I get up every weekday morning at 5:00 and write. Before I met my husband, I used to make my coffee and write in bed. Now, I make the coffee and write in our finished basement. For some reason, I like to have the light very low when I’m writing. I adore that first cup of coffee (dark French Roast) and love the little cave I feel like I enter when I write, so this is just about the happiest part of my day. After the initial session, I shower and have breakfast, and then go back and either revise a story, continue working on one, or look for places to submit. I’m usually working on several stories at once, and I jot down ideas all the time that I keep in a messy pile on my desk. When I run out of ideas, I pull something from the pile.
I don’t really have any favorite stories, but there are stories I continue to like, no matter how many times I read them. Mostly, I continue to like the stories in which I feel connected to the characters. That is the case for the main character, Hari Shiva, in “Candidate of the Third Eye.” I also like the two women characters in “The Island.” I especially like the characters of mine who have an innocence about themselves.
When I first started writing short stories, the characters and plots were pretty depressing. I suffered from undiagnosed depression for many years and I see now that my own despair came out in the writing. After years of therapy, meditation and yoga, the depression has eased, and my stories, while frequently focusing on serious subjects, have lightened up, many now including a great deal of humor.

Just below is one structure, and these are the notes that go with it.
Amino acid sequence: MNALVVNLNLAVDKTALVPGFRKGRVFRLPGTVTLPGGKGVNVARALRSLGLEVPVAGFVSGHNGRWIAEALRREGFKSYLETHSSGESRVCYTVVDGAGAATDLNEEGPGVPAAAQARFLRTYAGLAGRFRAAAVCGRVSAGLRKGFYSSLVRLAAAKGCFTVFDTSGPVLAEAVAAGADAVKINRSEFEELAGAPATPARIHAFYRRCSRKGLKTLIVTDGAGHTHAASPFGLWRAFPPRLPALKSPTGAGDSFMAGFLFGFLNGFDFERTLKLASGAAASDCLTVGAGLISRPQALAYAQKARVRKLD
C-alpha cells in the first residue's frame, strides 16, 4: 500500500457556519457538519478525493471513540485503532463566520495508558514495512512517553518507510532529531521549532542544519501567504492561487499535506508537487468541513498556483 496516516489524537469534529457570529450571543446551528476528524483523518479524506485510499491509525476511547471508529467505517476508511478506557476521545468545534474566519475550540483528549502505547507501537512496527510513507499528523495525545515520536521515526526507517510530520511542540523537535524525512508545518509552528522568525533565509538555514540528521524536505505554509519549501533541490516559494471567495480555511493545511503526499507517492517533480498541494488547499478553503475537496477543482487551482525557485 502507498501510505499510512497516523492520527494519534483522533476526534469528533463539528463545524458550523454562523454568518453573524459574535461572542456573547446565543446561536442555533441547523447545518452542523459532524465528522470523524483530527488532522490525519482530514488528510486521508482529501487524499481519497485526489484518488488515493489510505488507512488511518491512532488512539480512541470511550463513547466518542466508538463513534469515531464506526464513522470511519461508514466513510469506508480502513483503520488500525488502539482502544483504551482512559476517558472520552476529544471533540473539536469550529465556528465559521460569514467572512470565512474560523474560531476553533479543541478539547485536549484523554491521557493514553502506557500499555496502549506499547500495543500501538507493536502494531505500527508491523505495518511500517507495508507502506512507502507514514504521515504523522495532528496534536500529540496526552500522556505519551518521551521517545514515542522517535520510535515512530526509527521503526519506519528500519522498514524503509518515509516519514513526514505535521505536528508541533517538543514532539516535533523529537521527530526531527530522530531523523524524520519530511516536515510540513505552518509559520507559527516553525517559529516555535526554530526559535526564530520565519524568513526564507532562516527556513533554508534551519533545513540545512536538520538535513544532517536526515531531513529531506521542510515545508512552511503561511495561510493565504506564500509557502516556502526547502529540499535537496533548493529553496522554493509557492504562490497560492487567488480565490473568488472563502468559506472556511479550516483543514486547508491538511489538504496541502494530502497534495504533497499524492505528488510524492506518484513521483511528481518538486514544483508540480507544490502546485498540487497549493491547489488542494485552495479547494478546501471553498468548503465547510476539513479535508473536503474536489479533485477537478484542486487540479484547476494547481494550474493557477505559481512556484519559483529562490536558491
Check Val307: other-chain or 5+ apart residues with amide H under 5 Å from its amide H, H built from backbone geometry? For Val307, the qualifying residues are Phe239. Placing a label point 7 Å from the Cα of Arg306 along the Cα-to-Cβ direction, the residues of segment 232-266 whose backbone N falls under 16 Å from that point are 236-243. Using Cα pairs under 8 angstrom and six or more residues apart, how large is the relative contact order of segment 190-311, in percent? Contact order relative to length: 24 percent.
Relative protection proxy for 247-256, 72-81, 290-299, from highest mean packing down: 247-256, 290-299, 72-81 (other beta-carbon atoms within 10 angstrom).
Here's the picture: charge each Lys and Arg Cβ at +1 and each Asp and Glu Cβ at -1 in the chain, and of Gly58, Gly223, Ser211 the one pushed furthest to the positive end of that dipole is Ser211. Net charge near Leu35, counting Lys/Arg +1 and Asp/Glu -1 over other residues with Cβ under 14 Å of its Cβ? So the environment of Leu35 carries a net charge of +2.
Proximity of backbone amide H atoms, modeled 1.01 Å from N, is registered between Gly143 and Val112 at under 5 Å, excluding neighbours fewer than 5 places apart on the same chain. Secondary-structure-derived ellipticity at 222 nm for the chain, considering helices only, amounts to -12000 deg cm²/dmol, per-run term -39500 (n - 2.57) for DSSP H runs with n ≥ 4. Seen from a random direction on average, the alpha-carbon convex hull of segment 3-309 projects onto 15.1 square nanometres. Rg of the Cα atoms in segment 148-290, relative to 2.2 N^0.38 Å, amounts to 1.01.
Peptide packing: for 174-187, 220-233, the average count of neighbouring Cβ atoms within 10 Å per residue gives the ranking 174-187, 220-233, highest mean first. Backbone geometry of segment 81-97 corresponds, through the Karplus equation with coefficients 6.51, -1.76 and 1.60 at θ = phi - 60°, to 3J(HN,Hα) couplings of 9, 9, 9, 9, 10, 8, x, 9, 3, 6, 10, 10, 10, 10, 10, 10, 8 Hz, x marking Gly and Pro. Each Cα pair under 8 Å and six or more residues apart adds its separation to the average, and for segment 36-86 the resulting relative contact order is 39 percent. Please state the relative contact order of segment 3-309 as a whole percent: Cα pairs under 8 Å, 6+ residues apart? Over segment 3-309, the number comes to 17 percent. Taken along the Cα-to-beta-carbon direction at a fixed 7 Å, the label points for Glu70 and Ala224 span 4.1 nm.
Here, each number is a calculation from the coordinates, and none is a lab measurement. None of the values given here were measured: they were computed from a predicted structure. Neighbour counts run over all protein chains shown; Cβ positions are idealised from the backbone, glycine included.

My favorite short story writer and the writer who I think has most influenced me is the late Julio Cortázar. Cortázar loved jazz, and his stories feel like improvisations to me. He had his own style of magical realism, in which he looked at life almost as a child and took situations to their not so obvious conclusions. I feel like I see the world in the same way Cortázar might have seen it, and that might be why I like his work so much.
I tend to gravitate toward foreign writers more than American writers. I went through a long love affair with Latin American writers and now am enamored of many Indian writers. Salman Rushdie and Aravind Adiga are two of my favorites.
My other favorites are the Victorians – Charles Dickens, all three Bronte sisters, and Thomas Hardy. I keep saying I’m going to spend a summer re-reading all of Dickens, but never seem to find the time.
My first collection of short stories, From Here to There and Other Stories, will be published by Paraguas Books on November 15, 2010. So, I’m deep into the least fun part of writing – preparing to market the book. I am also working on new stories for a possible second collection. I am hoping to work on a series of creative nonfiction pieces about my relationship to beaches and how growing up as a military brat and continuing to move around as an adult, beaches have been a strange sort of home place for me.